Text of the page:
“Well, you see, the old saw is proved right again, and I ought not to have let you tempt me into asking you a rude question.”
She laughed again, and said: “Well, lads, old and young, I must get to my work now. We shall be rather busy here presently; and I want to clear it off soon, for I began to read a pretty old book yesterday, and I want to get on with it this morning: so good-bye for the present.”
She waved a hand to us, and stepped lightly down the hall, taking (as Scott says) at least part of the sun from our table as she went.
When she was gone, Dick said “Now guest, won’t you ask a question or two of our friend here? It is only fair that you should have your turn.”
“I shall be very glad to answer them,” said the weaver.
“If I ask you any questions, sir,” said I, “they will not be very severe; but since I hear that you are a weaver, I should like to ask you something about that craft, as I am—or was—interested in it.”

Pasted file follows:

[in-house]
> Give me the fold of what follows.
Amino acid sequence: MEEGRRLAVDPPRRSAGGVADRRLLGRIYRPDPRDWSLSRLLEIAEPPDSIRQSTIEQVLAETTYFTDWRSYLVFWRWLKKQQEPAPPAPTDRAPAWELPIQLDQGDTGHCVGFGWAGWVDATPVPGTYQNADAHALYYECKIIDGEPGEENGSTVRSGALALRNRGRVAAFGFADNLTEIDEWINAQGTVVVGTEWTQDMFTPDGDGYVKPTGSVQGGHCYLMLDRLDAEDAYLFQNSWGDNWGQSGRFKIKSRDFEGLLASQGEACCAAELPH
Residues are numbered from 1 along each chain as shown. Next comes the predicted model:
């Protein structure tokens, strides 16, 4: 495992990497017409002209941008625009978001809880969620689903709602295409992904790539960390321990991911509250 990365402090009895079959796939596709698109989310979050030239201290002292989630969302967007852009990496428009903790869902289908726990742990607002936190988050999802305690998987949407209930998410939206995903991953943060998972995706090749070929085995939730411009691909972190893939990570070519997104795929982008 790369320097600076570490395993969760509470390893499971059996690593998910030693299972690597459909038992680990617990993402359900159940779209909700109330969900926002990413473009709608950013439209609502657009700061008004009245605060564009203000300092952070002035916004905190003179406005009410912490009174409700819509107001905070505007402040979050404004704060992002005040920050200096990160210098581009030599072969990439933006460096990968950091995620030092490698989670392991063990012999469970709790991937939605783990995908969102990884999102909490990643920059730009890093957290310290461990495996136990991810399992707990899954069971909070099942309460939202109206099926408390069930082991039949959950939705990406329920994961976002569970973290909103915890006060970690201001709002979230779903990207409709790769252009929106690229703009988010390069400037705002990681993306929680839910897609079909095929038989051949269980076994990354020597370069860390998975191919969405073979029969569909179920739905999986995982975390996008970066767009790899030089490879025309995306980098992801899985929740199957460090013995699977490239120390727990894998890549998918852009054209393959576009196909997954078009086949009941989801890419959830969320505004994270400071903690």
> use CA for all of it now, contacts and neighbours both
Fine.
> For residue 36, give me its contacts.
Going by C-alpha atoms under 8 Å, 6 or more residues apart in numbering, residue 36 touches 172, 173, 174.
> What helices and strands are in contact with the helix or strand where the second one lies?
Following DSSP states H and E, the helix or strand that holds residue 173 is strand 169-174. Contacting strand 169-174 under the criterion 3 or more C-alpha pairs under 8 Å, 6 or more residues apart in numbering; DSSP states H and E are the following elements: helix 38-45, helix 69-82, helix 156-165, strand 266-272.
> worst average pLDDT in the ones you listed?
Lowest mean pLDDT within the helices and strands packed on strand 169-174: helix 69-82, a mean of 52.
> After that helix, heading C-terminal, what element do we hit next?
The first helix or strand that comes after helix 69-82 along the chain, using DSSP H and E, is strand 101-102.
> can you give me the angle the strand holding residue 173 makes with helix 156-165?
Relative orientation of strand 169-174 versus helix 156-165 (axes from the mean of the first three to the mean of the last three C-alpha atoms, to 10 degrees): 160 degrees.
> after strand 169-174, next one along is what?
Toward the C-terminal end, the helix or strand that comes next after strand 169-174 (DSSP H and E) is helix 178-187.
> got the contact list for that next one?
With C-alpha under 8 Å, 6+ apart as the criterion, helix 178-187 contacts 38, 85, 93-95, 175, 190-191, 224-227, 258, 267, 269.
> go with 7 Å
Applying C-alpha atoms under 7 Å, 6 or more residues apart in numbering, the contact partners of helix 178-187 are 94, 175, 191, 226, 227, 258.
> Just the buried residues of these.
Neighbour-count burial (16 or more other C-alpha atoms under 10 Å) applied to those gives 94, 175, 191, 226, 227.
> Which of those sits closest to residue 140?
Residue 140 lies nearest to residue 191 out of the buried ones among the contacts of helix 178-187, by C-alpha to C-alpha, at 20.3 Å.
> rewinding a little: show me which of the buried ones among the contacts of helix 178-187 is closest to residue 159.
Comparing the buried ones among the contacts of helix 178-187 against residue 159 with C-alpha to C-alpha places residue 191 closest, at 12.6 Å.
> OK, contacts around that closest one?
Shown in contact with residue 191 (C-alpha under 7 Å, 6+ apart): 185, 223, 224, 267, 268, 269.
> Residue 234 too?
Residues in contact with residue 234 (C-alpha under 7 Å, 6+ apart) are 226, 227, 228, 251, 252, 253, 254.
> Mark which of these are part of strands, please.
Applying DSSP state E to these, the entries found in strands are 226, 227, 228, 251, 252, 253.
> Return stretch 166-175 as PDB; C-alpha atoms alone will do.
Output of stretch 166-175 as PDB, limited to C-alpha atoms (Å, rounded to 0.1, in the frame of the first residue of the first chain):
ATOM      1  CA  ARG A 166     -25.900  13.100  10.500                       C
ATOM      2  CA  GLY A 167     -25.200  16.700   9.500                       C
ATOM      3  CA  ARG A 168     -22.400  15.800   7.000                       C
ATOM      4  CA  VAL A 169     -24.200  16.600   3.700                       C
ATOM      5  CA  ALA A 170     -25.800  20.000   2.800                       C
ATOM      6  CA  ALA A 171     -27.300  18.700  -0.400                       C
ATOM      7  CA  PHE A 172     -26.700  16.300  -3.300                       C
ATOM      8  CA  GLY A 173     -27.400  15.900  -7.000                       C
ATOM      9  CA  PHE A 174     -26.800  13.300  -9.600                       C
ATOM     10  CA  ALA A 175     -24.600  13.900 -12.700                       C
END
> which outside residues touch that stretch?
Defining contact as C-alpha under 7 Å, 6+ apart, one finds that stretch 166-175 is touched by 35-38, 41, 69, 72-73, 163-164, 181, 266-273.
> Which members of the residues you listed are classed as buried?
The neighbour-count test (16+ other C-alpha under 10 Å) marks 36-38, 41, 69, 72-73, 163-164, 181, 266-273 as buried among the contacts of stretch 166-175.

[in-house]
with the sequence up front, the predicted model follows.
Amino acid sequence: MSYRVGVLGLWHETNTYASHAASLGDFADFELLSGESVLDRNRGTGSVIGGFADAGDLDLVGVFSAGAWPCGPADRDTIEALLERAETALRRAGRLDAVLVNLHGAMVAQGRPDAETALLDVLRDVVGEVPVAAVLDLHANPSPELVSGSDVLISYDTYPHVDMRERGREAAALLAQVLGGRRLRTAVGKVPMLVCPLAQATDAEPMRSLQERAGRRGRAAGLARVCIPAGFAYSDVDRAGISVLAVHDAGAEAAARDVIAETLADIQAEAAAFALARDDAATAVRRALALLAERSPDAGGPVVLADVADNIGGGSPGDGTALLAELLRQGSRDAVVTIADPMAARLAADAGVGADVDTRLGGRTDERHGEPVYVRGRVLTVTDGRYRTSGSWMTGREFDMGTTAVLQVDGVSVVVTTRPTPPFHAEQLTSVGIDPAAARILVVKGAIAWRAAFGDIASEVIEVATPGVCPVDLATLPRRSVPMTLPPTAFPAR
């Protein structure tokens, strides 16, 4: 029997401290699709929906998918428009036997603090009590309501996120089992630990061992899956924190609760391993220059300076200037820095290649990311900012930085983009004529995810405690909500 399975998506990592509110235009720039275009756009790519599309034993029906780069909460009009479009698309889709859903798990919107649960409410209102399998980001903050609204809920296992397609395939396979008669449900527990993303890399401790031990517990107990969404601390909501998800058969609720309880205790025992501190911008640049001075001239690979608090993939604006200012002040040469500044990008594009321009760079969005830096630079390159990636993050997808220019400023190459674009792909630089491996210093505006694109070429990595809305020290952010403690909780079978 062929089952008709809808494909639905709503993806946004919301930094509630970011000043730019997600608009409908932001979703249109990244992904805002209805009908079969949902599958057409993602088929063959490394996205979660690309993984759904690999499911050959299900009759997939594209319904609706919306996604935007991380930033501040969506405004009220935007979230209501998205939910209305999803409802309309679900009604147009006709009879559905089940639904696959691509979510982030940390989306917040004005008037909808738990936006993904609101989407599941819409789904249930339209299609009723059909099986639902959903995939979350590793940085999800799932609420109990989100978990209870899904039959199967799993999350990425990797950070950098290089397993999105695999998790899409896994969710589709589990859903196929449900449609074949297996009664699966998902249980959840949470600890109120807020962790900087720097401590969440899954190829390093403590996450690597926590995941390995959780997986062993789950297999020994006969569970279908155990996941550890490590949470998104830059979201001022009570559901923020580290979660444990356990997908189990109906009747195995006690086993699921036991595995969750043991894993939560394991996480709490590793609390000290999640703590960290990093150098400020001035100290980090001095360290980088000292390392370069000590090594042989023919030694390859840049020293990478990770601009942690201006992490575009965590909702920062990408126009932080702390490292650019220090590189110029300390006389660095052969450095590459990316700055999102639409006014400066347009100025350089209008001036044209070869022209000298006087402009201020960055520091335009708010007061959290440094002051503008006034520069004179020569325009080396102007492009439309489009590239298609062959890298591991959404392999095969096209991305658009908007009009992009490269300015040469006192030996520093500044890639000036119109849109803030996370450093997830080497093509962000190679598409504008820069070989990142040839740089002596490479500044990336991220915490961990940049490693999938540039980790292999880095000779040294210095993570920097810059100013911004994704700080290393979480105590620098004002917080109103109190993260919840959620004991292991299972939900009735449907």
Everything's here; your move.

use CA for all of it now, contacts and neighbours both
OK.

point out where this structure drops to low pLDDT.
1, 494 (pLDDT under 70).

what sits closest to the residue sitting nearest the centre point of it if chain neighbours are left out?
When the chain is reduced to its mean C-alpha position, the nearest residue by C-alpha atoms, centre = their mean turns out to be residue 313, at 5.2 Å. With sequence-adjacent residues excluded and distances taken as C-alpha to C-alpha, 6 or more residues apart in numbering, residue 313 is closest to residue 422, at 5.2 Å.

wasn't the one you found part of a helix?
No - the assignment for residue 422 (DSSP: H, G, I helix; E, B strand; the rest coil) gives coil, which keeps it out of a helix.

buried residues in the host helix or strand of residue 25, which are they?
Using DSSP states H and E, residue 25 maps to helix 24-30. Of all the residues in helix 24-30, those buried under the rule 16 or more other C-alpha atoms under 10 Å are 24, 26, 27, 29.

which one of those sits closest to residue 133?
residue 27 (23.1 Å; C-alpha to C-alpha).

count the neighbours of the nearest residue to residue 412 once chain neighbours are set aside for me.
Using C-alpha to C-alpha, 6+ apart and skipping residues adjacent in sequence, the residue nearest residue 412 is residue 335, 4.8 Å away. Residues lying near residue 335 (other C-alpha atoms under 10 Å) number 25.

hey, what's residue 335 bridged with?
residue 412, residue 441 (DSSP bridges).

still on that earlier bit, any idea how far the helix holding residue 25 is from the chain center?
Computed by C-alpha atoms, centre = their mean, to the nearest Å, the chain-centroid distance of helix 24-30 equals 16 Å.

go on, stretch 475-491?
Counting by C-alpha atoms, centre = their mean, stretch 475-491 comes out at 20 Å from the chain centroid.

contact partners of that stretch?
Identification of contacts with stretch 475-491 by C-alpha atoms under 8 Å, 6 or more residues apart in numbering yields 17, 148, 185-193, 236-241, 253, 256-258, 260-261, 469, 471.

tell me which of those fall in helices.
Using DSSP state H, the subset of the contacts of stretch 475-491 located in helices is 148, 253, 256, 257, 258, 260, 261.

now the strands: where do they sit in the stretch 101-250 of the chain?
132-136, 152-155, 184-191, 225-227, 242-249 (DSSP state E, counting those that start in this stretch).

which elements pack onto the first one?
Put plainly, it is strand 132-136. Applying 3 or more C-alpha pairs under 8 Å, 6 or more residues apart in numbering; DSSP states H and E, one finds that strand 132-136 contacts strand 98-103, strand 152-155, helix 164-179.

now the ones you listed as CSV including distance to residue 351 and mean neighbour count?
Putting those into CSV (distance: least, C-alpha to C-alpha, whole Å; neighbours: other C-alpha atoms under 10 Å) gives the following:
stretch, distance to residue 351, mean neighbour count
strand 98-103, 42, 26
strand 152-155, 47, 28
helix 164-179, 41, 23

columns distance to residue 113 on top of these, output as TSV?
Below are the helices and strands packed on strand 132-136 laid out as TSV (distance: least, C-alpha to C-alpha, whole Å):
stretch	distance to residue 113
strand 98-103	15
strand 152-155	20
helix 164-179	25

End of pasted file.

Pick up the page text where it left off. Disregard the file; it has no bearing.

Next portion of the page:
“Oh,” said he, “I shall not be of much use to you there, I’m afraid. I only do the most mechanical kind of weaving, and am in fact but a poor craftsman, unlike Dick here. Then besides the weaving, I do a little with machine printing and composing, though I am little use at the finer kinds of printing; and moreover machine printing is beginning to die out, along with the waning of the plague of book-making, so I have had to turn to other things that I have a taste for, and have taken to mathematics; and also I am writing a sort of antiquarian book about the peaceable and private history, so to say, of the end of the nineteenth century,—more for the sake of giving a picture of the country before the fighting began than for anything else. That was why I asked you those questions about Epping Forest. You have rather puzzled me, I confess, though your information was so interesting. But later on, I hope, we may have some more talk together, when our friend Dick isn’t here. I know he thinks me rather a grinder, and despises me for not being very deft with my hands: that’s the way nowadays. From what I have read of the nineteenth century literature (and I have read a good deal), it is clear to me that this is a kind of revenge for the stupidity of that day, which despised everybody who could use his hands. But Dick, old fellow, Ne quid nimis! Don’t overdo it!”